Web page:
Judah was an example of a life caught in sin. First, he lied and deceived. Second, he ran away from his problems. Third, he compromised with the world by marrying a Canaanite woman. Her influence and/or the wickedness of the culture may have influenced his sons to be wicked, so that God put two of them to death. Fourth, Judah deceived his daughter- in- law, Tamar, to protect his youngest son but was later deceived himself.

After Judah’s wife died, Tamar, who was not given Judah's youngest son Shulah to marry as agreed upon, disguised herself and pretended to be a prostitute so she could have children. Judah was caught by lust and deceived. Genesis 38 and 39 record a strong moral contrast between Judah and Joseph. Have you been caught in your sin? Don’t run and hide and seek to make a new life for yourself. Repent and God will be gracious to forgive you and help you bear the consequences. (more...)

In Genesis 39 we find that Joseph was sold into Egypt and served the household of Potiphar, one of Pharaoh’s officials. He gained the attention and favor of his master because he could be completely trusted with everything. Unfortunately, Joseph also gained the attention of Potiphar’s wife. She wanted to sleep with this handsome, strong young man, but he refused. Joseph told her,

“No one is greater in this house than I am. My master has withheld nothing from me except you, because you are his wife. How then could I do such a wicked thing and sin against God?”

And though she spoke to Joseph day after day, he refused to go to bed with her or even be with her.

One day he went into the house to attend to his duties, and none of the household servants was inside. She caught him by his cloak and said, “Come to bed with me!” But he left his cloak in her hand and ran out of the house. When she saw that he had left his cloak in her hand and had run out of the house, she screamed (Genesis 39:9-13, NIV).

She accused Joseph of attempted rape. For that lie Joseph was imprisoned. What was God doing? What can we learn from being the victim of false accusations and injustice? Life is sometimes unjust. When bad things happen to us, even when we are being good and trying to please God, we do not understand. However, God is working all things for his glory and is molding us to be better Christians (Romans 8:28-29). He does deliver us, though deliverance may not come right away. However, if we persevere through trials and are faithful when unjustly treated, God will reward us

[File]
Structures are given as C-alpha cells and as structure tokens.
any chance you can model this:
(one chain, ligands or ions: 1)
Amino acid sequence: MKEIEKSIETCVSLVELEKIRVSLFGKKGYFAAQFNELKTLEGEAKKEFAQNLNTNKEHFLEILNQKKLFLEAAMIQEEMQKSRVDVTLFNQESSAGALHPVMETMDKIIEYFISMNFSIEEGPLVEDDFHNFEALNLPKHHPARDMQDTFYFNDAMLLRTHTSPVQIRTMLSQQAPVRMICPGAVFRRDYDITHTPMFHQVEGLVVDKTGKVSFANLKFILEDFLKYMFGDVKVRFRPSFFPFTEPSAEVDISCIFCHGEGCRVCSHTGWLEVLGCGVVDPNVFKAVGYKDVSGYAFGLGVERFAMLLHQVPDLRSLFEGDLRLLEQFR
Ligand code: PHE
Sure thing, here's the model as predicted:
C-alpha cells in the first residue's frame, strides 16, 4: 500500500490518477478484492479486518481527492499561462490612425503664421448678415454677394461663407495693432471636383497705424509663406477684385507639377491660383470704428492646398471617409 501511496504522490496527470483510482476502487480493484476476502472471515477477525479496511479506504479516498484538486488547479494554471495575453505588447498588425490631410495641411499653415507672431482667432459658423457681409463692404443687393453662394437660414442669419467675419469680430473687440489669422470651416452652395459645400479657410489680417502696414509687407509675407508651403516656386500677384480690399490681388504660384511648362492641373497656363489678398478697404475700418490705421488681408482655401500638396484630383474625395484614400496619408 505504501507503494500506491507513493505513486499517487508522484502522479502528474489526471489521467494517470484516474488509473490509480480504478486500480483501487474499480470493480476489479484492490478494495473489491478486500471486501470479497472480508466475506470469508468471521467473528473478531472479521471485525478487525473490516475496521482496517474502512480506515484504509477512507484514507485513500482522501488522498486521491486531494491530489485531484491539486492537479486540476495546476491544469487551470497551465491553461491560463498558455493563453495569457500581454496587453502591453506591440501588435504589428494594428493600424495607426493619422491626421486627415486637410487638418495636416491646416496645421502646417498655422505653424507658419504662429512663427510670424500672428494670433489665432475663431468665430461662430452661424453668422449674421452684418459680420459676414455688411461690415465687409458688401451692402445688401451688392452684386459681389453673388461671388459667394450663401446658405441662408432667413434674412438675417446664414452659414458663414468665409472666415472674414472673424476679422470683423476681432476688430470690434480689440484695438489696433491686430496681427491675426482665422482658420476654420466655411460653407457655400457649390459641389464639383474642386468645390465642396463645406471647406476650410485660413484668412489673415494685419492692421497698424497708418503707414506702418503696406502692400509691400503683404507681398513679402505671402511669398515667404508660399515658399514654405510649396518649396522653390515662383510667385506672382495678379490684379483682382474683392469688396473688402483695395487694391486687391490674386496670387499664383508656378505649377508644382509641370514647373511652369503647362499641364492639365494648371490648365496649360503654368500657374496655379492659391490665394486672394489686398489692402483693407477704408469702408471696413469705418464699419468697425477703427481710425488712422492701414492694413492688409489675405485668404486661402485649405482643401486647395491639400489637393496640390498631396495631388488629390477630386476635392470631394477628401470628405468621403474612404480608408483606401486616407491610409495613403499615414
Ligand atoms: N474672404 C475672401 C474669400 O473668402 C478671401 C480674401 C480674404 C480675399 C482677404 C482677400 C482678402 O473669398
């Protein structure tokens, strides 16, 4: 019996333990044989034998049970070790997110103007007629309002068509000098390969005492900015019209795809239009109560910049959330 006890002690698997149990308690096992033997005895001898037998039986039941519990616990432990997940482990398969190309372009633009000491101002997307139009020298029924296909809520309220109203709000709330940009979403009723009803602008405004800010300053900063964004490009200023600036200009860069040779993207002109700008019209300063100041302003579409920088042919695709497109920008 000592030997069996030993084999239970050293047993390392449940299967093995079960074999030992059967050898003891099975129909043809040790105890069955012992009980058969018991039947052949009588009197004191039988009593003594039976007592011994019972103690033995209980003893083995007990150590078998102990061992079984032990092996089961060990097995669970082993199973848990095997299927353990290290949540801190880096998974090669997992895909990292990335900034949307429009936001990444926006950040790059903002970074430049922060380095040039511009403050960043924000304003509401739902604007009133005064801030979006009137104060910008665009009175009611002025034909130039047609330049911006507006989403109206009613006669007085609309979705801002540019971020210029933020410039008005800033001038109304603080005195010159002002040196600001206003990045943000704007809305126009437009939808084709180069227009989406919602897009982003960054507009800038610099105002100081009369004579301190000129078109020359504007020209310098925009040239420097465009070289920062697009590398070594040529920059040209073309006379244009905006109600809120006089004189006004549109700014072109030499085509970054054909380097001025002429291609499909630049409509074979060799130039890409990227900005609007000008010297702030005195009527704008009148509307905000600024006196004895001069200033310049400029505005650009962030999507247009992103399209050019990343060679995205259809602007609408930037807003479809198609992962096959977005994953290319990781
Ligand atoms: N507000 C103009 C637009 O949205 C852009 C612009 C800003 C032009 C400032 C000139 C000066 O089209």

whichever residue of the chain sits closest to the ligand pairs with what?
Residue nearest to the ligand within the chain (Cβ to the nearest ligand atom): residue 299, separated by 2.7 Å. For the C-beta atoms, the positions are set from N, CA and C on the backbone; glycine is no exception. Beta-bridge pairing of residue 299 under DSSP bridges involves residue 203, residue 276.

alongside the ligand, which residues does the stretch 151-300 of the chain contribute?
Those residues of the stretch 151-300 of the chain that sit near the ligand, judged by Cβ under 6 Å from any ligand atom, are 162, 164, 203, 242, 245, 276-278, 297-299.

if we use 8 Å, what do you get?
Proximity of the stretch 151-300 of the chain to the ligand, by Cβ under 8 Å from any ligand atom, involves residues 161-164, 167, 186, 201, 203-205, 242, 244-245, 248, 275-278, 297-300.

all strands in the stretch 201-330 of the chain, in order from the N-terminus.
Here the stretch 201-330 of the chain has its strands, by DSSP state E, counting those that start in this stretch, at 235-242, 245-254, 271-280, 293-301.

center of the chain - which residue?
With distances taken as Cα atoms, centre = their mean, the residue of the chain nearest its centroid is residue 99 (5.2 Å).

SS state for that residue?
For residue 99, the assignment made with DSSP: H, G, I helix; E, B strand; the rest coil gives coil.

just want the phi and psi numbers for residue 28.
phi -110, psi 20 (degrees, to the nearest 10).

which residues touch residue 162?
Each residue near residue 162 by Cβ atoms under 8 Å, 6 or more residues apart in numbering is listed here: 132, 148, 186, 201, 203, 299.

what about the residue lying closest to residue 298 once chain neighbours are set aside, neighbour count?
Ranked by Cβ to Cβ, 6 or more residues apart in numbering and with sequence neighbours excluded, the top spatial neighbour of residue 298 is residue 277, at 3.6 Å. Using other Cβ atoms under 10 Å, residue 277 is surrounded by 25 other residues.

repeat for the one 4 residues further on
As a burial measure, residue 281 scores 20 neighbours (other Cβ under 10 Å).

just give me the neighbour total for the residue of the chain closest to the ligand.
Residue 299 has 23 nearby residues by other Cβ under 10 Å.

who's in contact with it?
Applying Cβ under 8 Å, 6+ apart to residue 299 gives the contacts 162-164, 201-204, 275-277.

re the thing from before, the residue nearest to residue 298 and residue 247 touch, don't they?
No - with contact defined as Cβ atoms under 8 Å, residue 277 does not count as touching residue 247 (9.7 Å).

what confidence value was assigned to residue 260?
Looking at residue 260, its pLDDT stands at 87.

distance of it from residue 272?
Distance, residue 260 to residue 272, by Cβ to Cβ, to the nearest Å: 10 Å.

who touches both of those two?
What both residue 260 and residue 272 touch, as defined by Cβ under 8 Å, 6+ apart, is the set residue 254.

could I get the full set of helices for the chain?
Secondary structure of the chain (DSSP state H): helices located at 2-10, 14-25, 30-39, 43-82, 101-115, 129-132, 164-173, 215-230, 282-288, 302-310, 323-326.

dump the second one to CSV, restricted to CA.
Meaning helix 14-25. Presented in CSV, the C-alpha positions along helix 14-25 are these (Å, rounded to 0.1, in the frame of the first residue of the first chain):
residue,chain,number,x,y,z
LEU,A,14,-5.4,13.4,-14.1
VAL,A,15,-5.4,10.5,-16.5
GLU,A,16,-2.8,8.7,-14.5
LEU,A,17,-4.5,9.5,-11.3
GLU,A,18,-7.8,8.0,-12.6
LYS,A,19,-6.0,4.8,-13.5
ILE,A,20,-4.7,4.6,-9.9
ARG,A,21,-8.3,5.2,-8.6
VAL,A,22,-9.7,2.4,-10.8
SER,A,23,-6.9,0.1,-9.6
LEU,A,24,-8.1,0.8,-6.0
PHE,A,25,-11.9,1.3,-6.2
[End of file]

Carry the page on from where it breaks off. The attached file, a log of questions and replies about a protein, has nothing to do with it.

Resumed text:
(Revelation 2:10). What happens to Joseph? Stay tuned for tomorrow’s lesson.

Lessons to live by:

  • Do not do things that will cause animosity in your home, business, or church.
  • Favoritism causes competition, jealousy, hatred, and a lack of peace in the home, business or other organization. We need to appreciate all members for who they are and how God has made them.
  • God exercises his providential care over those who are faithful.
  • It is not position or leadership abilities that are important to God; it is obedience.
  • Have you been caught in your sin? Don’t run and hide and seek to make a new life for yourself. Repent and God will be gracious to forgive you and help you bear the consequences. (more...)
  • Life is sometimes unjust. When bad things happen to us, God is working for his glory on our behalf, though deliverance may not come right away. However, if we persevere through trials and are faithful when unjustly treated, God will reward us.

Today’s Bible Memory Verses:

Proverbs 28:13-14

He who conceals his sins does not prosper, but whoever confesses and renounces them finds mercy.

Blessed is the man who always fears the LORD, but he who hardens his heart falls into trouble. (NIV).

praying girl Write a private prayer response to today’s Bible study:

Please send your comments to mtbiblestudies@gmail.com